hosted in a PMIP domain by using GRE encapsulation with key
   identification.  This scenario implies that unicast communication in
   the MAG-LMA tunnel can be individually identified per MN by the GRE
   keys.  This scenario still does not impose any special treatment of
   multicast communication for the following reasons.

   Multicast streams from and to MNs arrive at a MAG on point-to-point
   links (identical to unicast).  Multicast data transmission from the
   MAG to the corresponding LMA is link-local between the routers and
   routing/forwarding remains independent of any individual MN.  So the
   MAG-proxy and the LMA SHOULD NOT use GRE key identifiers, but plain
   GRE encapsulation in multicast communication (including MLD queries
   and reports).  Multicast traffic sent upstream and downstream of MAG-



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   to-LMA tunnels proceeds as router-to-router forwarding according to
   the multicast routing information base (MRIB) of the MAG or LMA and
   independent of MN's unicast addresses, while the MAG proxy instance
   re-distributes multicast data down the point-to-point links
   (interfaces) according to its own MRIB, independent of MN's IP
   addresses.

3.2.5.  Efficiency of the Distribution System

   In the following efficiency-related issues are enumerated.

   Multicast reception at LMA  In the current deployment scenario, the
      LMA will receive all multicast traffic originating from its
      associated MNs.  There is no mechanism to suppress upstream
      forwarding in the absence of receivers.

   MNs on the same MAG using different LMAs  For a mobile receiver and a
      source that use different LMAs, the traffic has to go up to one
      LMA, cross over to the other LMA, and then be tunneled back to the
      same MAG, causing redundant flows in the access network and at the
      MAG.


4.  Direct Multicast Routing

   There are deployment scenarios, where multicast services are
   available throughout the access network independent of the PMIPv6
   routing system [I-D.zuniga-multimob-pmipv6-ropt].  In these cases,
   the visited networks grant a local content distribution service (in
   contrast to LMA-based home subscription) with locally optimized
   traffic flows.  It is also possible to deploy a mixed service model
   of local and LMA-based subscriptions, provided a unique way of
   service selection is implemented.  For example, access routers (MAGs)
   could decide on service access based on the multicast address G or
   the SSM channel (S,G) under request (see Section 5 for a further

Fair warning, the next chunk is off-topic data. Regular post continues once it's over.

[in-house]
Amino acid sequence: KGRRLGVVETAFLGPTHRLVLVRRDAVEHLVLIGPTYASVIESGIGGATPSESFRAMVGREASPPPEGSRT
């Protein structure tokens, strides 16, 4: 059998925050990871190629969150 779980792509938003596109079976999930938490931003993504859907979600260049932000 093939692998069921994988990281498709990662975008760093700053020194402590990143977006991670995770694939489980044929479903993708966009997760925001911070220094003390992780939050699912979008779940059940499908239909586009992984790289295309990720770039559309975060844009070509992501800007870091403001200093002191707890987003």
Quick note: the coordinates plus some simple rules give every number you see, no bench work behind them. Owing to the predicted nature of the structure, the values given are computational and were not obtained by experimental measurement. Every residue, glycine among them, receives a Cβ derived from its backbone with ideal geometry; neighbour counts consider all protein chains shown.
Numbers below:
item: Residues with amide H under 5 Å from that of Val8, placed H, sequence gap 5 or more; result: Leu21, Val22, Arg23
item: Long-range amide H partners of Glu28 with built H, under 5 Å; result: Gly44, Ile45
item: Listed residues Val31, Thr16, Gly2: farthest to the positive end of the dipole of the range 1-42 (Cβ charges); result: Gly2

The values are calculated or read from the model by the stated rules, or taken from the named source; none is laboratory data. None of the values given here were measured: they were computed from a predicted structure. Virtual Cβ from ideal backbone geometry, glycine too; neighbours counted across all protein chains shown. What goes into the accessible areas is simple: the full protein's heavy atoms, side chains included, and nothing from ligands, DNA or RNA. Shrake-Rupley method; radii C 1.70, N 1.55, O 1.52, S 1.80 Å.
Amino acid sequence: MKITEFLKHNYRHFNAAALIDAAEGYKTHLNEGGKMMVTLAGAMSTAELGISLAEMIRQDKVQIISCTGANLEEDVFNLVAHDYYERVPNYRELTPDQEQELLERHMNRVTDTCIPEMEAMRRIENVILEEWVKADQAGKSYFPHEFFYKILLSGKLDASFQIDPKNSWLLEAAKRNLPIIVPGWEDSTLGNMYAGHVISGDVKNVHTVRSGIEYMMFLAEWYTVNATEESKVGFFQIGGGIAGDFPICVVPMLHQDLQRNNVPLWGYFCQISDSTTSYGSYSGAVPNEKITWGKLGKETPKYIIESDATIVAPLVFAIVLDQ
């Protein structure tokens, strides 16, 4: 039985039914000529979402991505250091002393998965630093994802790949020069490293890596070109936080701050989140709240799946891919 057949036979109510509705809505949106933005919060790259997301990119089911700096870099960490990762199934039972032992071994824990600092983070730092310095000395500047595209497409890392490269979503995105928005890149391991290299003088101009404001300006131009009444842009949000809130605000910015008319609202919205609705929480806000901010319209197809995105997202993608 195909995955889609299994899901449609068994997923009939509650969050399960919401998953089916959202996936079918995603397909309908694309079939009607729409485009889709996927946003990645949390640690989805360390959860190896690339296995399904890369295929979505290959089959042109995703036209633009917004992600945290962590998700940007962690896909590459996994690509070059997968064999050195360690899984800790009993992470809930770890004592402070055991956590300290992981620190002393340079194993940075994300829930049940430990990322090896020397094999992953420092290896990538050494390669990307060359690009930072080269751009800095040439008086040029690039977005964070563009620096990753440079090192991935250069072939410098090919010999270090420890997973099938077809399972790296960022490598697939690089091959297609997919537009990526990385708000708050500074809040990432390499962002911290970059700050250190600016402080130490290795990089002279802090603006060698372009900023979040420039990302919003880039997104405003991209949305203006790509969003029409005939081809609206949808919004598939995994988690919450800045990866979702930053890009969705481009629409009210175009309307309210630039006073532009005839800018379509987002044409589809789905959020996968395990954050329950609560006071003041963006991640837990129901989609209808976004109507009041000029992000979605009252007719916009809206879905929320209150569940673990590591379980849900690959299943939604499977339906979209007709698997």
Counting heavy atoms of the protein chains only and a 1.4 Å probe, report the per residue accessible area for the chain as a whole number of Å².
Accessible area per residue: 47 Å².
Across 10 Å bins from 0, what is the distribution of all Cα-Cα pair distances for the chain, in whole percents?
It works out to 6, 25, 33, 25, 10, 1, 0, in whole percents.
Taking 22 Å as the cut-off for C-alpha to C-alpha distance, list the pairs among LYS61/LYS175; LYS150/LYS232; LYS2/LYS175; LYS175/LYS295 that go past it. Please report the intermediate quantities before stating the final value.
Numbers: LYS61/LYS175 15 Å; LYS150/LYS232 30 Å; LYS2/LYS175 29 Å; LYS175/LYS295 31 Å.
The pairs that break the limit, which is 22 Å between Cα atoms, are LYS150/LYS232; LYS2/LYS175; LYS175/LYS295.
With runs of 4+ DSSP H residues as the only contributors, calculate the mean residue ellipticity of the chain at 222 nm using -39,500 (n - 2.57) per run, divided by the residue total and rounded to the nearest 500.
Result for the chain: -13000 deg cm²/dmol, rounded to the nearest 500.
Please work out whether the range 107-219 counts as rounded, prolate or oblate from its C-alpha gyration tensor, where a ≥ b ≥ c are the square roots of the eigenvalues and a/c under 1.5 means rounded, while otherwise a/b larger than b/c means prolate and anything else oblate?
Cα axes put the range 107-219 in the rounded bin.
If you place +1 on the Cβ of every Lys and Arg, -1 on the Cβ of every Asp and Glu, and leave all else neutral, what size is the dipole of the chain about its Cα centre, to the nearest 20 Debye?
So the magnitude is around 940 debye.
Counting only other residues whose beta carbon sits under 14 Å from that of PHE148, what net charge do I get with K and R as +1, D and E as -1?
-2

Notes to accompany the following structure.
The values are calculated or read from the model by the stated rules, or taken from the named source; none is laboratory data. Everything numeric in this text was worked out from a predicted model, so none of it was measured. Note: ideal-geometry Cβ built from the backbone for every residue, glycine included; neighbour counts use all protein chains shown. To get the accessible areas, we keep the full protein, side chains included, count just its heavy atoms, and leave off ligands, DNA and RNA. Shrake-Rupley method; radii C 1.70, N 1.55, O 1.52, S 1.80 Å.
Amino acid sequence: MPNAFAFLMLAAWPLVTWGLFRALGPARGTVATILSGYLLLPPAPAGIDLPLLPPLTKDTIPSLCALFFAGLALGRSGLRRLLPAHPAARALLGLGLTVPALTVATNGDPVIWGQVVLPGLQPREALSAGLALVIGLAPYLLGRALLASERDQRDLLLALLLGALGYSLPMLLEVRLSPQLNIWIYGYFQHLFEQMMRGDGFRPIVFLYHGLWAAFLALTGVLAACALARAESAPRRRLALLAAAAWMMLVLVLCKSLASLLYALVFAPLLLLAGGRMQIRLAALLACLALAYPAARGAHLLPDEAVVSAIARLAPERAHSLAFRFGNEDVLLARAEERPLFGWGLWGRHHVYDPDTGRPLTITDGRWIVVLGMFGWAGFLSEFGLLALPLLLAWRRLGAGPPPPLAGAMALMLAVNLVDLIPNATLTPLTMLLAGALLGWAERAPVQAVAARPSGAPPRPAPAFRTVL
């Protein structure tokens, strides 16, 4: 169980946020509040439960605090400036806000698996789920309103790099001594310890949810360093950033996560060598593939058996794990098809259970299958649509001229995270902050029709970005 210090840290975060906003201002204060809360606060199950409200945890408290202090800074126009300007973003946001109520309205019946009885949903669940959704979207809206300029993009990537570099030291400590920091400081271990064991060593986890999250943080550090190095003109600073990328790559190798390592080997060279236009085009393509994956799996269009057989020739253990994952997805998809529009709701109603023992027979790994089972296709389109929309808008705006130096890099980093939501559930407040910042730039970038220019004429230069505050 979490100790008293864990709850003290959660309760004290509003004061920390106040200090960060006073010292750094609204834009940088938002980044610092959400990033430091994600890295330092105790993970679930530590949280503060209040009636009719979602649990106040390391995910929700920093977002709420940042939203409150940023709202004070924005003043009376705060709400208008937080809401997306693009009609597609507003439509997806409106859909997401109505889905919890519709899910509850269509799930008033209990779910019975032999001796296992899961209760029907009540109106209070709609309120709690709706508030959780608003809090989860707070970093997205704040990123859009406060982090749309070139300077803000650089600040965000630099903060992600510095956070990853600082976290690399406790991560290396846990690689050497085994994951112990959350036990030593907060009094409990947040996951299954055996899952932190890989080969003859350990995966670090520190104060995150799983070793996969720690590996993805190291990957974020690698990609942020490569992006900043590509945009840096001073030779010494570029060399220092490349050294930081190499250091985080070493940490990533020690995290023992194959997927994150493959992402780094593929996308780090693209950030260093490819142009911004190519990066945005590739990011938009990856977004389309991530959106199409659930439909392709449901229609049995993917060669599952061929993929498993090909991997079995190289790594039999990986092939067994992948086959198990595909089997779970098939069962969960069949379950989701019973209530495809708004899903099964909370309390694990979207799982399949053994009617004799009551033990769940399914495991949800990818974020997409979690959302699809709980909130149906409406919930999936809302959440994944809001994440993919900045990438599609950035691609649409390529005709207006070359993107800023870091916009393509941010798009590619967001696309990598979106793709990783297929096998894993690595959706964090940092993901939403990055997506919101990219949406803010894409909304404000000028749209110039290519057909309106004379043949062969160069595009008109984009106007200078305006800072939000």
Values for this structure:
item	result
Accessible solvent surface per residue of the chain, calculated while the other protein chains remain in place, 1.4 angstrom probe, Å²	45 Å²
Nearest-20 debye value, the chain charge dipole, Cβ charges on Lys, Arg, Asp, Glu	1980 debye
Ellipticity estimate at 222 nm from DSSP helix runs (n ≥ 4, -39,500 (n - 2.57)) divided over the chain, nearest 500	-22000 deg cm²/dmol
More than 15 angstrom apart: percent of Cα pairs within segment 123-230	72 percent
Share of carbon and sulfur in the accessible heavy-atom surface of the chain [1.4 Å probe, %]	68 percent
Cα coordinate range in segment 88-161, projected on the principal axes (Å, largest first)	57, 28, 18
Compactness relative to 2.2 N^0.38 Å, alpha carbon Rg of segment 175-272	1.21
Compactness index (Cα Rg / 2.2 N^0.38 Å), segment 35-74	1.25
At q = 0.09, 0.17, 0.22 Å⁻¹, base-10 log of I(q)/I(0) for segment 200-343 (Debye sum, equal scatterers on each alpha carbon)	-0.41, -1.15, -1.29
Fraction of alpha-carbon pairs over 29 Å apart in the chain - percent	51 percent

discussion).

4.1.  Overview

   Direct multicast access can be supported by

   o  native multicast routing provided by one multicast router that is
      neighboring MLD proxies deployed at MAGs within a flat access
      network, or via tunnel uplinks,

   o  a multicast routing protocol such as PIM-SM [RFC4601] or BIDIR-PIM
      [RFC5015] deployed at the MAGs.




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               ***  ***  ***  ***
              *   **   **   **   *
             *                    *
             *      Multicast     *
    +----+   *   Infrastructure   *                               +----+
    |LMA |    *   **   **   **   *                                |LMA |
    +----+     ***  ***  ***  ***                                 +----+
         |          //  \\                                             |
         \\        //    \\       PMIP (unicast)                       |
  PMIP    \\      //      \\      //          \\   **  ***  *** **    //
(unicast)  \\    //        \\    //            \\ *   **   **     ** //
            \\  //          \\  //              \\*    Multicast   *//
            || ||           || ||              * ||     Routing    || *
           +----+          +----+              * +----+         +----+ *
 MLD Proxy |MAG1|          |MAG2|              * |MAG1|         |MAG2| *
           +----+          +----+               *+----+ **   ** +----+*
            |  |             |                    |  |***  ***   ***|
            |  |             |                    |  |              |
           MN1 MN2          MN3                 MN1 MN2            MN3

 (a) Multicast Access at Proxy Uplink      (b) Multicast Routing at MAG

   Figure 3: Reference Networks for (a) Proxy-assisted Direct Multicast
             Access and (b) Dynamic Multicast Routing at MAGs

   Figure 3 displays the corresponding deployment scenarios, which
   separate multicast from PMIPv6 unicast routing.  It is assumed
   throughout these scenarios that all MAGs (MLD proxies) are linked to
   a single multicast routing domain.

   Multicast traffic distribution can be simplified in these scenarios.
   A single proxy instance at MAGs with up-link into the multicast
   domain will serve as a first hop multicast gateway and avoid traffic
   duplication or detour routing.  Multicast routing functions at MAGs